Tag Archives: cookbooks

Evernote and…beans

I had a brainstorm while stocking up on beans at the Whole Foods bulk section last week. The identifying signs have information I might need, like the fact that one needs a longer soak time, is particularly suited to a dish, is known by alternative names, or has a provenance I want to remember. I’ve scribbled notes on the tags or scraps of  paper, but this time I thought to snap a quick picture of the identifying boards with my phone.

That’s not so brilliant, but uploading them to my “Cooking” notebook in Evernote was.  Now they are there, tagged, and searchable. As with all my clipped recipes and notes, I can access them from my laptop, phone, or ipad, wherever I, and the beans, happen to be. This is serious. I travel, and I cook.


My (mainly vegetarian) kitchen goes through a lot of beans, and I love experimenting with varieties and uses. I can expand the note to indicate which were successful and which should be bought again. 

I love Evernote.


Kitchen Cookbooks

It would be nice to have a full wall of shelves near the kitchen table, filled with cookbooks ready to be perused – and returned – right in the room in which they are used. I don’t have that. I do have a library, and there are several shelves full of cookbooks, but it’s nice to have a spot, even if it’s counter space, for currently used books.

When we were designing this kitchen and filling a secondary wall with cabinets, I traded a wider bank of drawers for a turned base. Easier with a picture:

Accessible to the working area of the kitchen and hidden from the table and guest area, it’s never neat and tends to gather dust as a busy corner, but it’s great to have. The top is stuffed with planning papers, the occasional cooking magazine, appliance manual, and recipes I’ve printed. The shelves are not, by any means, favorite cookbooks, but a mix of currently used, new-to-be-read, or simply resting.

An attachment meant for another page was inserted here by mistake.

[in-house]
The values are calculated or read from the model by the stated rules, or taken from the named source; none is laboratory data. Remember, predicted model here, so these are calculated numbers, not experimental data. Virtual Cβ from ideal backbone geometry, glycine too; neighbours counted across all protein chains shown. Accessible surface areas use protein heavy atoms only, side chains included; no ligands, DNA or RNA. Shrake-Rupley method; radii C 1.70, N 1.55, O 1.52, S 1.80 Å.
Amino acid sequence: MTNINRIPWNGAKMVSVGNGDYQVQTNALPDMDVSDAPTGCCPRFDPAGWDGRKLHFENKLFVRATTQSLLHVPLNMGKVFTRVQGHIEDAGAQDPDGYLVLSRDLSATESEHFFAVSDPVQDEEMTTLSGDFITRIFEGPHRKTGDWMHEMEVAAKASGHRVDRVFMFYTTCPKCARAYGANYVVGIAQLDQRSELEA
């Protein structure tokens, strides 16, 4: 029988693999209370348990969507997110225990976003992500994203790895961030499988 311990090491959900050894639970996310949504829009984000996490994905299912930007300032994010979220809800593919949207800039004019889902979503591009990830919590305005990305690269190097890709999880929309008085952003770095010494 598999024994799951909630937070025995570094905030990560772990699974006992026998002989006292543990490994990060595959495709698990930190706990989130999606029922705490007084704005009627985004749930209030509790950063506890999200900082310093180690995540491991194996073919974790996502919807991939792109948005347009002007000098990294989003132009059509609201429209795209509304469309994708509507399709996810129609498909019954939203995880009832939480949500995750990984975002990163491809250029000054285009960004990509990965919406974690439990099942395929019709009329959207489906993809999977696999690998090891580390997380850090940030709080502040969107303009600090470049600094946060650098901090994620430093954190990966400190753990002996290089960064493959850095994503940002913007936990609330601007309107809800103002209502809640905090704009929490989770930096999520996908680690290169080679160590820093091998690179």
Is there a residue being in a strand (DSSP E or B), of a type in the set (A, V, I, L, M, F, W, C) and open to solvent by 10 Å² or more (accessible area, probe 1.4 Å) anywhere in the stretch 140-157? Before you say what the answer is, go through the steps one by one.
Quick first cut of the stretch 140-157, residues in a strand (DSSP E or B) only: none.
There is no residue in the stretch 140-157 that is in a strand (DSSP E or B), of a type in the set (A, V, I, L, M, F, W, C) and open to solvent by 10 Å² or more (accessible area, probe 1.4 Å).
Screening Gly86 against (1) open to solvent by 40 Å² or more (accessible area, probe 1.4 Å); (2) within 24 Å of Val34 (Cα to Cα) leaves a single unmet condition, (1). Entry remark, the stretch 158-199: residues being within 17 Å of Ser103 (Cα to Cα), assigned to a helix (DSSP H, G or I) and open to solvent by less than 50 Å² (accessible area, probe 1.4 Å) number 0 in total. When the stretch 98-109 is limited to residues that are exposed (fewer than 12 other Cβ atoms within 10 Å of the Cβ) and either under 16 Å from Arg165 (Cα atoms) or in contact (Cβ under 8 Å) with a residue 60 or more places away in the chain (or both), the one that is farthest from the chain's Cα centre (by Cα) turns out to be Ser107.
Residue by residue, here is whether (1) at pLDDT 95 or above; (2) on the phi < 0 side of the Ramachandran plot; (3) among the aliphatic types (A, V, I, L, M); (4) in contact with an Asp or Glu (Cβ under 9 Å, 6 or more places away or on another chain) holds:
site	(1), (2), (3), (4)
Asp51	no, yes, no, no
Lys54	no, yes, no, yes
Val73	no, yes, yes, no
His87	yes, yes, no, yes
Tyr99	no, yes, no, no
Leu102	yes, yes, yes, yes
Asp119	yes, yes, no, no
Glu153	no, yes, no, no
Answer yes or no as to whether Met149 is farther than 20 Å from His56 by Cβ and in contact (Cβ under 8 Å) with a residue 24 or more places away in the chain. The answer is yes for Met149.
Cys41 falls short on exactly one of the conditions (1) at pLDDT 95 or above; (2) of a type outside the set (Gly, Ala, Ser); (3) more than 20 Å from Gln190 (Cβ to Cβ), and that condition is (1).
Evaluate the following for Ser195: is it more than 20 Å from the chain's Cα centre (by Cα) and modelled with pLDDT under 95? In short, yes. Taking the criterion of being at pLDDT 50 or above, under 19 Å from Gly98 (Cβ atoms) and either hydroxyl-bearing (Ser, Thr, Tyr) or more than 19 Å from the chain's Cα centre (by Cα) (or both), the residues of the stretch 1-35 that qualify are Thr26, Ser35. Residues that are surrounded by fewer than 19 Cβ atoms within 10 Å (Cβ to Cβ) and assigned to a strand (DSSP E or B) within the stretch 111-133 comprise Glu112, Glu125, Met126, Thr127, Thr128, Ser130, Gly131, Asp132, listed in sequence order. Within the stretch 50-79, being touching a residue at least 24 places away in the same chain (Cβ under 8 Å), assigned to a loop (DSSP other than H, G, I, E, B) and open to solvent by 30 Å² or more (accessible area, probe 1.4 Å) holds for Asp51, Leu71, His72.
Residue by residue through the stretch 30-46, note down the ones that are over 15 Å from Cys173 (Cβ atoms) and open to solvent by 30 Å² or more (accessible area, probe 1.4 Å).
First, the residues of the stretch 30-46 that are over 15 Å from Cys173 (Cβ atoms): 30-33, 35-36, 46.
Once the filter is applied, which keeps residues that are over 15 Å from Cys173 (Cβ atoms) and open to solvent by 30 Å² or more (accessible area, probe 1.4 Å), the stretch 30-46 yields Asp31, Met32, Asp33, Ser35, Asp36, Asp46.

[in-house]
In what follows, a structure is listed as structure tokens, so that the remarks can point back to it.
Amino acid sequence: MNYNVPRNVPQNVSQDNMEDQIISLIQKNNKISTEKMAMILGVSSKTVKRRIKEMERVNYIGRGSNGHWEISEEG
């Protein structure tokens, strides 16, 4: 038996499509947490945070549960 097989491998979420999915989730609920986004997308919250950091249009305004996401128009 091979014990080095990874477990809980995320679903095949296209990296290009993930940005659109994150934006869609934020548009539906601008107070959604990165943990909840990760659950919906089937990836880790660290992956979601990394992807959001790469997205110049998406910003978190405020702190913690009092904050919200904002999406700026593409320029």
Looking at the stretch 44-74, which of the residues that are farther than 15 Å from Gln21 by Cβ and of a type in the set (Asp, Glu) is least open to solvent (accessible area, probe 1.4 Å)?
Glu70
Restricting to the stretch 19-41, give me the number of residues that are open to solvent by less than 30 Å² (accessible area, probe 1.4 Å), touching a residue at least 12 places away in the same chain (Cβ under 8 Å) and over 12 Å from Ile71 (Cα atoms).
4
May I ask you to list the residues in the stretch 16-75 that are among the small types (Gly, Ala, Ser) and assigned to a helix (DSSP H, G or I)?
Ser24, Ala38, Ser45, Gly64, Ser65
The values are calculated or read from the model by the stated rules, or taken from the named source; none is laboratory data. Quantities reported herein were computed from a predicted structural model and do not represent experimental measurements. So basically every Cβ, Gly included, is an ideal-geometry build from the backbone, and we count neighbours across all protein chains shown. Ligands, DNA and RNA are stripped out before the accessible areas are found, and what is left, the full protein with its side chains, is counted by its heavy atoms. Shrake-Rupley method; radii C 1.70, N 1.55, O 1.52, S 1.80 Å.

Cool Waters is kind of fun for jazzing up water or plain soda. Marcella Hazan for many reasons but recently her pasta gorgonzola, and Tender is a gigantic, beautiful combination of gardening and recipes. The Splendid Table’s How to Eat Supper is a fun read, and I hear there’s a new one, must look into it. Do you know Super Natural Cooking and its sister on the shelf below, of 101 Cookbooks?  La Tartine Gourmande, also new and a nice blog. Mark Bittman. Of course, Mark Bittman.

There are two tiny paperbacks I bought in Italy, which I never use but love to see there on the shelf. Over the winter I made a delicious chickpea stew from Deborah Madison’s Vegetarian Cooking for Everyone and a cake from Martha. More Mark Bittman. Between him and the slow cooker book is my recipe journal, where I try very hard to record recipes I want to make again so they won’t be lost forever in the flurry of sticky notes marking pages. Love Mollie Katzen’s Vegetable Heaven.

I don’t dislike the cookbooks I haven’t mentioned – I would give them away if that was the case – I just haven’t used them recently, or perhaps enough. Now, it’s nearly 9 a.m., and it is time to figure out what’s for dinner!